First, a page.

He and his colleagues have compared their system with more typical structural indicators of quality, such as student-teacher ratios and teacher qualifications. They found that the quality of student-teacher interactions, as measured by CLASS, was a better predictor of how much kids learned (Science, 2013).

"When the qualities of interactions improve, we see very consistent benefits to the development of children's self-regulation skills and language behaviors, and to vocabulary and literacy skills when those are part of the curriculum," Pianta says. "Those benefits can last into kindergarten and, under some circumstances, beyond."

Of course, those high-quality interactions don't come naturally to every educator. "Teachers have to be good detectors of children's cues, and that's a very hard thing to do when you're in a classroom with 20 kids and all that information is flowing at you at once," Pianta says. Luckily, those cue-detection tactics can be taught.

Pianta and his colleagues have designed professional development programs to help teachers learn the skills that translate to better outcomes for kids. In a randomized study, they showed that teachers who took their 14-week course were more likely to use strategies that promoted kids' higher-order thinking. Those are the strategies that can have an effect on children's early literacy, language and cognitive development (American Educational Research Journal, 2012).

The CLASS system is just one example of the ways in which emerging science can shape preschool programs that actually benefit students. "There's clear room for continued improvement along the lines of bolstering quality and bolstering educational intensity," Pianta says. "I think the glass is absolutely half full, but there's a ways to go."

There's also progress to be made when it comes to understanding the impact of educational policy. For example, economic models may point to an optimal class size for high-quality pre-K. But psychology researchers can help explain which behaviors and interactions are affected when the student-teacher ratio grows or shrinks. "If you just make changes economically, it won't be a surprise to me if you don't have a big impact," Raver says.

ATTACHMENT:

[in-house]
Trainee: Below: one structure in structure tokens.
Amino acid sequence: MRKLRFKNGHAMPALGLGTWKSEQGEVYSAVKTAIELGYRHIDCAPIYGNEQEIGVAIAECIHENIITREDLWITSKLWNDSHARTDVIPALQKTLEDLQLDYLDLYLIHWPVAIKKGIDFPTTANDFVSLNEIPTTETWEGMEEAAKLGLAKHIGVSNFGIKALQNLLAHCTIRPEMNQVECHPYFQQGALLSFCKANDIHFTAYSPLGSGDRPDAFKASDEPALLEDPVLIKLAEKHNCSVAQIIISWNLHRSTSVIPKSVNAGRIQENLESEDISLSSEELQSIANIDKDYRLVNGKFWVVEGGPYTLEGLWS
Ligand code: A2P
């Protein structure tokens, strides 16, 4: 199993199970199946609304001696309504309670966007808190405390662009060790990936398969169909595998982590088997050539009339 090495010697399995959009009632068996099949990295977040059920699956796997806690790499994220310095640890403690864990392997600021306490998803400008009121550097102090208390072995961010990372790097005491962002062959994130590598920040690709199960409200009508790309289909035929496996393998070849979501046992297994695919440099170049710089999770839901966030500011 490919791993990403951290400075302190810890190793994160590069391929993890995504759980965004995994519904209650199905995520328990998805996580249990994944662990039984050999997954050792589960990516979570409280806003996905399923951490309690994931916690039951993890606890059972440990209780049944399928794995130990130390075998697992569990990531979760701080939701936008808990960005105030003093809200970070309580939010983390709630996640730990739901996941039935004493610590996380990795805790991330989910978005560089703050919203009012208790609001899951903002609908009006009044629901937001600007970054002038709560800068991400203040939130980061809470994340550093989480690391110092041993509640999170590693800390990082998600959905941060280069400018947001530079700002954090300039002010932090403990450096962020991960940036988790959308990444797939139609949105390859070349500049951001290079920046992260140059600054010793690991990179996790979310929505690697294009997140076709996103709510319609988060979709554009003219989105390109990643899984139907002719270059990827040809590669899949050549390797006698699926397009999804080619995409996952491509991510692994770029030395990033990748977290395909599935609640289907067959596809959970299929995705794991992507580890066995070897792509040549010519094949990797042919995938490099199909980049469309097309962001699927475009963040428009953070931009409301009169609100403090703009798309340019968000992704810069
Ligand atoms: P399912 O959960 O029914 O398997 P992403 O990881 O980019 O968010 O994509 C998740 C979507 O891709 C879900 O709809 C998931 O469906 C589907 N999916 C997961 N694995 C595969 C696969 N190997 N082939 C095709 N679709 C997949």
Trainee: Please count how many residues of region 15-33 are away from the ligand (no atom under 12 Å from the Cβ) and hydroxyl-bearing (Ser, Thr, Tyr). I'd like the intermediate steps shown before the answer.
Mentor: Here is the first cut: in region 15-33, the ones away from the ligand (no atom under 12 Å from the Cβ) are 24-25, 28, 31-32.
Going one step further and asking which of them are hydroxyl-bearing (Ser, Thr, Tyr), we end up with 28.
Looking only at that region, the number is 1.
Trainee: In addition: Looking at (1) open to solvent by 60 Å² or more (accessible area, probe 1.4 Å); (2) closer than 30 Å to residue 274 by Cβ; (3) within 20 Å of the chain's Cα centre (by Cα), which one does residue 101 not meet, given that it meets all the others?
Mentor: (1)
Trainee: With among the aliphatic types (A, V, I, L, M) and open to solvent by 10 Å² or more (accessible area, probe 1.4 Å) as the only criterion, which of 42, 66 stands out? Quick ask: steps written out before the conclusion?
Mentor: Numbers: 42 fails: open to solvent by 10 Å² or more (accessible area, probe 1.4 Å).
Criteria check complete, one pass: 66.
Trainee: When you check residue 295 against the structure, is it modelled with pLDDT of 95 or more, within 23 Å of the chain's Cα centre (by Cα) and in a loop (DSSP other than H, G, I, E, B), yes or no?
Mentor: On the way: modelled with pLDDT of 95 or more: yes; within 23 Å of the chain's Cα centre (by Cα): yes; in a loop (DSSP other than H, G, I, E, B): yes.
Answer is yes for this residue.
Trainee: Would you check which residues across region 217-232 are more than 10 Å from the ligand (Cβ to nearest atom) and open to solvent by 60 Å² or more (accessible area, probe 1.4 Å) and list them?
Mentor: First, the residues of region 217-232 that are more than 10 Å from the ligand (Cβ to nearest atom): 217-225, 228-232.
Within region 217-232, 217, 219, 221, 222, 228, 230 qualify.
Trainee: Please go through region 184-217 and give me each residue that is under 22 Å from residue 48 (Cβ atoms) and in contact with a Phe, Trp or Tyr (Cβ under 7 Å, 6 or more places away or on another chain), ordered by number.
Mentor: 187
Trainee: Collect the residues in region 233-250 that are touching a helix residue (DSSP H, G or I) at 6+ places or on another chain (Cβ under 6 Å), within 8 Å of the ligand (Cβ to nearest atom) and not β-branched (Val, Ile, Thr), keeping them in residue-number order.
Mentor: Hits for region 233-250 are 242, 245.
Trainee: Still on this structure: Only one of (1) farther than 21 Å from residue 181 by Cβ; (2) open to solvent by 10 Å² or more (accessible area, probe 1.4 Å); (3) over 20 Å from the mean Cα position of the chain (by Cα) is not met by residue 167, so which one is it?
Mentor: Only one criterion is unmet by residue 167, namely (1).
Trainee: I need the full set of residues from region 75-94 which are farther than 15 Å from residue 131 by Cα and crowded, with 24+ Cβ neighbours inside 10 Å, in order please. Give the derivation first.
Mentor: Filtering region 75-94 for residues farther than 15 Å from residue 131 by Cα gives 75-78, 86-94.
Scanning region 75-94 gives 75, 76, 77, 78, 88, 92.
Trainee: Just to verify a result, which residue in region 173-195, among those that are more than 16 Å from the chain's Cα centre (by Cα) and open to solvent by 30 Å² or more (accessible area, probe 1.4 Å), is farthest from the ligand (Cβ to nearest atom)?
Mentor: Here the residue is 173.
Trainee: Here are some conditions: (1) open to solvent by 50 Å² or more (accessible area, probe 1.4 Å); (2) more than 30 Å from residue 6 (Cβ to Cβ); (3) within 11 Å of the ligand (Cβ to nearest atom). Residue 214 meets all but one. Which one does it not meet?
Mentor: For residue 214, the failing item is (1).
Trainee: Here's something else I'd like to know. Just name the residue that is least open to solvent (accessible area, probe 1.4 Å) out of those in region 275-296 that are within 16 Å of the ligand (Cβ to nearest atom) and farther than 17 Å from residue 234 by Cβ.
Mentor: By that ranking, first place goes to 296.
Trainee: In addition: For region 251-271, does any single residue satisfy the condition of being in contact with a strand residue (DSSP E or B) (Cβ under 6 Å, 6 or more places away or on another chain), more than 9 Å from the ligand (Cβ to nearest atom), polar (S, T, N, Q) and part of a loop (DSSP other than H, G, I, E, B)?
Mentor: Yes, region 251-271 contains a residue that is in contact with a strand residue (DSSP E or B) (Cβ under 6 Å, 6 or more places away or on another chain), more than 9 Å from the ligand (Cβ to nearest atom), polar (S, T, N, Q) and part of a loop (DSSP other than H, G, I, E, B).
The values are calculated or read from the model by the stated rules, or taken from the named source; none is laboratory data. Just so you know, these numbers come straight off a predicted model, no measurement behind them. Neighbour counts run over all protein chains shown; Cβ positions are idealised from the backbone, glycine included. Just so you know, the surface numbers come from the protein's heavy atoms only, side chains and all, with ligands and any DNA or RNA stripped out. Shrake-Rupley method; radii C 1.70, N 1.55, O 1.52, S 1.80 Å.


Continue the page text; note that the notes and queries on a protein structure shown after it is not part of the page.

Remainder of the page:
Psychological research is certainly needed, agrees Stephanie Curenton, PhD, a developmental and community psychologist at Rutgers University and a fellow of the National Institute for Early Education Research. Yet this debate isn't just about dollar signs and student ID numbers. Before she became a psychologist, Curenton was a preschool teacher. And before that, she was a little girl enrolled in two years of Head Start.

"We look at these programs under the microscope and focus on averages. That's meaningful, and as a scientist I view the world that way a lot," she says. "But we also have to understand that there are real, living people affected by these programs. Sometimes that gets lost in the mix."

Further reading

  • Society for Research in Child Development and Foundation for Child Development. (2013, October). Yoshikawa, H., Weiland, C., Brooks-Gunn, J. Burchinal, M.R., Espinosa, L., Gormley, W.,…Zaslow, M.J. Investing in our future: The evidence base on preschool education.
  • The Pew Center of the States. (2011, September). Transforming public education: Pathway to a pre-K-12 future. Retrieved from
  • U.S. Department of Health and Human Services. (2012, October). Third grade follow-up to the Head Start Impact Study: Final report (OPRE Report 2012-45). Retrieved from